A Stock Exchange for Sports Betting: Sporttrade Debuts in New Jersey 

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On September 15, Sporttrade launched its sports trading platform in New Jersey. It sells itself as a user-friendly stock exchange for sports, similar to what Robin Hood was for ordinary people interested in investing.

“The whole value of our business is trying to show that customers not only can do something that they can’t do on any platform besides Sporttrade but that they want to do.” Sporttrade CEO Alex Kane said. 

On Sporttrade, bettors can buy and sell trades on sports wagers priced between one cent and $99. Winning bets are paid $100. Losing bets win nothing. However, Sporttrade sets itself apart with its focus on in-game markets. When a game starts, bettors can take advantage of each wager’s price movements. These trades can be especially volatile on teams poised to make dramatic and unexpected late-game comebacks.   

“Someone did that [bought the Cardinals] at $2.50, but then sold it when it went down to two cents before it went back up,” Kane said. “So we didn’t have quite the success story there of someone riding it out to glory.” 

Trading sports is a two-way street. It can result in forfeited wins or successful hedges. It also puts users in control of how long they want to hold onto their bets and how they want to manage their bets in-game. 

Sporttrade Bonus and Pricing Structure

Sporttrade offers a unique approach to sports betting, and its reflected in its approach to bonuses and pricing. Currently, Sporttrade does not offer a welcome bonus. However, its pricing can be better than traditional sportsbooks. 

Kane is cautious about welcome bonuses. While Sporttrade plans to offer welcome bonuses, they won’t be the extravagant $1,000 welcome bonuses offered by books like DraftKings and FanDuel. 

“I think too many times, you see these huge deposit bonuses, and what you’ve gained in a lot of customers in great top-of-funnel and bottom funnel metrics, you’ve lost in completely blinding yourself to whether you have product-market fit,” Kane said. 

Competitive Odds Over Welcome Bonuses

Sporttrade makes up for its lack of bonuses with pricing that can outdo traditional sportsbooks. For example, one Sporttrade user bought the Atlanta Falcons at 50 cents and sold them at $9.50 for a $9 per contract. That $9 profit is the equivalent of winning a bet with +1800 odds at a traditional sportsbook.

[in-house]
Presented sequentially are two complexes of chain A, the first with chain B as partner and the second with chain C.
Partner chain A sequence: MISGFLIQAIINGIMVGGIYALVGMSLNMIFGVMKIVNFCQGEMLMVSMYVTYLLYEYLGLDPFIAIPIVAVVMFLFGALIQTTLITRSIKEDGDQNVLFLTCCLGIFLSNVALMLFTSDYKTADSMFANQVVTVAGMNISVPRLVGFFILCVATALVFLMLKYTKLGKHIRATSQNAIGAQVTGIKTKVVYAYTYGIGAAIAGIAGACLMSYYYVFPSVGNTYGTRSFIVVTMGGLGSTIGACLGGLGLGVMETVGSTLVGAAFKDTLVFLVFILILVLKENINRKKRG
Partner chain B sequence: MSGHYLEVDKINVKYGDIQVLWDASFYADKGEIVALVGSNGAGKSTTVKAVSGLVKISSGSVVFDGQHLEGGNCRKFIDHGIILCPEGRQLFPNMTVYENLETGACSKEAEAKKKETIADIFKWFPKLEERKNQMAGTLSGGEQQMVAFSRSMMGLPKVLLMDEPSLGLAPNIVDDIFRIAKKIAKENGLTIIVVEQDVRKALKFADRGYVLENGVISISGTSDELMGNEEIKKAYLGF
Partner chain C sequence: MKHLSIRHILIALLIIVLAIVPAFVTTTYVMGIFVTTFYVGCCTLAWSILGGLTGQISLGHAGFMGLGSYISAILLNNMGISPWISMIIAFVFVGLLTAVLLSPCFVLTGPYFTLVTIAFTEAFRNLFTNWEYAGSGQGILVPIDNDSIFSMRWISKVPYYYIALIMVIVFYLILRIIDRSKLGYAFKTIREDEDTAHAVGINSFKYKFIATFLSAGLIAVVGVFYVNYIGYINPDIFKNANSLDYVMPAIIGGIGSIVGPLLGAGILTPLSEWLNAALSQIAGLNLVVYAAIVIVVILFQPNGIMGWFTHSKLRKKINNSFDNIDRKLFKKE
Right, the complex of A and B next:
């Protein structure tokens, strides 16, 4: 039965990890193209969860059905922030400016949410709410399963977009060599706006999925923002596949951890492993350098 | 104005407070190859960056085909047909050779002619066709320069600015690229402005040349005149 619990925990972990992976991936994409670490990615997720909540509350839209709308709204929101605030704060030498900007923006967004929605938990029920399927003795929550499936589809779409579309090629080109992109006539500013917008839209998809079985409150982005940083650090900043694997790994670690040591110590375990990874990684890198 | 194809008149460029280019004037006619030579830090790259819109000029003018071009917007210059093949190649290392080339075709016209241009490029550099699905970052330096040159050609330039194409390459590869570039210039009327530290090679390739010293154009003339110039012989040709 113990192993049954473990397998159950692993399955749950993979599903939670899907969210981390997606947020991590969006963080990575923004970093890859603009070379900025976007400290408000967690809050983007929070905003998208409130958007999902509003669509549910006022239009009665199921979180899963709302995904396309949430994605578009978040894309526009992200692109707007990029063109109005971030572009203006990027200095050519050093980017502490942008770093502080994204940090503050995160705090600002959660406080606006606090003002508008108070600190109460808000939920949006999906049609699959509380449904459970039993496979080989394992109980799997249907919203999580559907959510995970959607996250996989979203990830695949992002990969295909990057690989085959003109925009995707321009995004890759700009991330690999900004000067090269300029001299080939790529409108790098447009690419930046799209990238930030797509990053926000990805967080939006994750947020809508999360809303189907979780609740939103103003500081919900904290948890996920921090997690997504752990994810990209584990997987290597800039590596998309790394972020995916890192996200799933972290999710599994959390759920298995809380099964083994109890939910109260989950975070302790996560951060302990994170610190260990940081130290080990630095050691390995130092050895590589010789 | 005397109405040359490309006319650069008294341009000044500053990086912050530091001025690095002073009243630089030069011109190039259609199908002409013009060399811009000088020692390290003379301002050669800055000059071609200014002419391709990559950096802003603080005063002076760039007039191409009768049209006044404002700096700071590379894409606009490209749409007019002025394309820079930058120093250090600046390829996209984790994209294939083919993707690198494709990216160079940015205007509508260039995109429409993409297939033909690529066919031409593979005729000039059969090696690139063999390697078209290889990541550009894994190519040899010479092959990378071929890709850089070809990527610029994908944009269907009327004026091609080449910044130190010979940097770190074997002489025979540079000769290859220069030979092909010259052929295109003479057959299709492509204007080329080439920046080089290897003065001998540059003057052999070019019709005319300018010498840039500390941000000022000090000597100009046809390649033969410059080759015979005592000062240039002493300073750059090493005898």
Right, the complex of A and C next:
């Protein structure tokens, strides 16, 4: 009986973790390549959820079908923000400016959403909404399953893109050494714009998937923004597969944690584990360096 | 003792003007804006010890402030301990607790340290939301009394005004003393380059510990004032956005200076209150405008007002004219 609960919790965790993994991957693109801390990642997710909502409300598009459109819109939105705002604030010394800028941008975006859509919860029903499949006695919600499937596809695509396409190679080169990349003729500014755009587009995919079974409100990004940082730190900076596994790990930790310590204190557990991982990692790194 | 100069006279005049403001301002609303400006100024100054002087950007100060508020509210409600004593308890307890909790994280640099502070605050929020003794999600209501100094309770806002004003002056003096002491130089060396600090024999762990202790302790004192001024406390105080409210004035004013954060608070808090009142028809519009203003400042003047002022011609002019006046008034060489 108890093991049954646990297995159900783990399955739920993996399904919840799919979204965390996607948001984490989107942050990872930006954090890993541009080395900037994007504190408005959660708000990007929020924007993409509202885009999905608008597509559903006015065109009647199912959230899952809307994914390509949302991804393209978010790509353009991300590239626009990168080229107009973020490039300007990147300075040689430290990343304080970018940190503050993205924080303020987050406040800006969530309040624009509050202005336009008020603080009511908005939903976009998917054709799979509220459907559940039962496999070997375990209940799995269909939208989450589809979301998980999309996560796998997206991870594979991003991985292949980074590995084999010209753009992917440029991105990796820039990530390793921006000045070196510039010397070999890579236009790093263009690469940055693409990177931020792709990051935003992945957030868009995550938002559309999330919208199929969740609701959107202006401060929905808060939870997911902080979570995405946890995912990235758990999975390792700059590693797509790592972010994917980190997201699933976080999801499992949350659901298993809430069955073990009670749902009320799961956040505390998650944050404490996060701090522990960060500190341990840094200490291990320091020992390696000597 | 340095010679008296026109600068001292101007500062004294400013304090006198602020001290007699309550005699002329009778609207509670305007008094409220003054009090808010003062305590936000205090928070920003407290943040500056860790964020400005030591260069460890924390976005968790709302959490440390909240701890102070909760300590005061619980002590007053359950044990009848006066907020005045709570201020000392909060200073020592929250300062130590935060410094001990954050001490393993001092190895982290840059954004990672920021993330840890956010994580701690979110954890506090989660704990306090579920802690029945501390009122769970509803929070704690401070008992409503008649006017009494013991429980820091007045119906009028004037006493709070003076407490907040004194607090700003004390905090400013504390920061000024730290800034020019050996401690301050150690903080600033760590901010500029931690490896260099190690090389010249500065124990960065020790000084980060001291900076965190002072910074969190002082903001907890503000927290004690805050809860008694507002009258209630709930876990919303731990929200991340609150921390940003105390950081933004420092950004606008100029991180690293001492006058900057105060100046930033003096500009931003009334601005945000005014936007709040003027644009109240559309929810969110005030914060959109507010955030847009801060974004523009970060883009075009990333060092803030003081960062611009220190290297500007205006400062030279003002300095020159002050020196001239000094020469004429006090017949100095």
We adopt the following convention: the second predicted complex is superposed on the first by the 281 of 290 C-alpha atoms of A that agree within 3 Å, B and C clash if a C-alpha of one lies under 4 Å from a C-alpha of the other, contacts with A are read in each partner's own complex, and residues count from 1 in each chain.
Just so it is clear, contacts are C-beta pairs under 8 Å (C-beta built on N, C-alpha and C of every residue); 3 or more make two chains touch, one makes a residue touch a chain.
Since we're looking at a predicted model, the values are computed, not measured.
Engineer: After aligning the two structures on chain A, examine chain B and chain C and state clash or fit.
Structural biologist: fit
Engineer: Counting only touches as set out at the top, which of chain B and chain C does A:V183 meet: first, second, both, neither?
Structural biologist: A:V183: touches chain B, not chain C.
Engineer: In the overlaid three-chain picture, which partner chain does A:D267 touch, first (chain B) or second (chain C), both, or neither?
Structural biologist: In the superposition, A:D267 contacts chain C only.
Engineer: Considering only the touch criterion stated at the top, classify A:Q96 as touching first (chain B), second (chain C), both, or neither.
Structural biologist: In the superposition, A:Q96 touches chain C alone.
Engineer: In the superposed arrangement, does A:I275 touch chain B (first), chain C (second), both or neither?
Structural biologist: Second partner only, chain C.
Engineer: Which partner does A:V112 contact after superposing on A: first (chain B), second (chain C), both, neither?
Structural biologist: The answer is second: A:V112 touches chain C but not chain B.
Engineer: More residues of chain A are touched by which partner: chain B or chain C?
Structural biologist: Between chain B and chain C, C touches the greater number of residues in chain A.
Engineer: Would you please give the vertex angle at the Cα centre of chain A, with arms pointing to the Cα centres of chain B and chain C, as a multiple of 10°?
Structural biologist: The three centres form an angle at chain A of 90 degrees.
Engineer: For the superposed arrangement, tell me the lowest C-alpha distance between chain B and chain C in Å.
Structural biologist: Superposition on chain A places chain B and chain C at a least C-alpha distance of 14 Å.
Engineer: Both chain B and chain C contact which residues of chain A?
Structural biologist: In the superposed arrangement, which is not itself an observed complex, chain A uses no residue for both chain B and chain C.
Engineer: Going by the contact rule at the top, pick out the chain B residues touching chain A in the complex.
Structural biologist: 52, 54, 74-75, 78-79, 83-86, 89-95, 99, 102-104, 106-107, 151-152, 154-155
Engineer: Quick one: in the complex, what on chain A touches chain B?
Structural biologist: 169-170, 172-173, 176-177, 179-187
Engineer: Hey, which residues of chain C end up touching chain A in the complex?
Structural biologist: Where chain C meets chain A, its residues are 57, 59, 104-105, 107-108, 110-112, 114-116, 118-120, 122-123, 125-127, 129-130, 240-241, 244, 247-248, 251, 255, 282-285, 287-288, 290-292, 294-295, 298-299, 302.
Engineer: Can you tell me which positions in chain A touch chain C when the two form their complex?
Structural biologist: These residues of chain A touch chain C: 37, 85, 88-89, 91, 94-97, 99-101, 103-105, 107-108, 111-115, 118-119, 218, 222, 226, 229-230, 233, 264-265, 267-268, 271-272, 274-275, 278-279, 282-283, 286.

However, the Falcons lost on Sunday. At a traditional sportsbook, bettors would lose their bets. But at Sporttrade, users can take advantage of price movements from strong moments in the game that give Falcons traders hope. Those inflated hopes created inflated prices that make good sell prices before the game ends. 

If the Falcons had won, that user would’ve won $100 for a contract he entered into for 50 cents — $99.50 in profit. That would have been the equivalent of winning a bet with 199/1 odds. Even competitive market-making books like Circa wouldn’t have offered odds approaching +20000 on a moneyline. 

While Sporttrade’s pricing partly depends on users’ trading strategies and risk tolerances, it offers competitive odds in a saturated sports betting market. 

How Sporttrade Works like a Stock Exchange

Sporttrade users can buy and sell their contracts on different wagers because of agreements Sporttrade has made with super users called market makers. Market makers are large groups that have agreed to buy trades on Sporttrade. Since there’s always someone buying contracts, bettors can always buy and sell the contracts they choose. (This is what high liquidity means.) Market makers play a critical role on financial exchanges, only with much higher stakes. 

“If the market makers on NASDAQ pulled out [of the market] … 401k’s would collapse,” Kane said. “Now this isn’t as life or death for sports betting, but they [NASDAQ] know it’s [liquidity] critical for engagement.” 

Over time, the hope is that Sporttrade’s user base will grow large enough that these market makers won’t be the ones allowing trades to happen. With enough users, there will always be someone to buy what someone else is selling. Trades will be able to happen in real time.

What’s Next for Sporttrade?

Behind the scenes, Sporttrade’s market makers are treating their purchases on Sporttrade as an investment. If Sporttrade becomes liquid without large market makers, then those market makers can use Sporttrade as another exchange to make money on. Large companies could trade hundreds of thousands of contracts simultaneously, making large profits at scale. 

Sporttrade and its market makers share the long-term goal of a healthy and liquid sports betting exchange. New Jersey will be a telling test ground for the country’s first stock exchange for sports.     

About the Author
Christopher Gerlacher

Christopher Gerlacher

Writer and Contributor
Christopher Gerlacher is a Senior Writer and contributor for Gaming Today. He is a versatile and experienced writer with an impressive portfolio who has range from political and legislative pieces to sports and sports betting. He's a devout Broncos fan, for better or for worse, living in the foothills of Arvada, Colorado.

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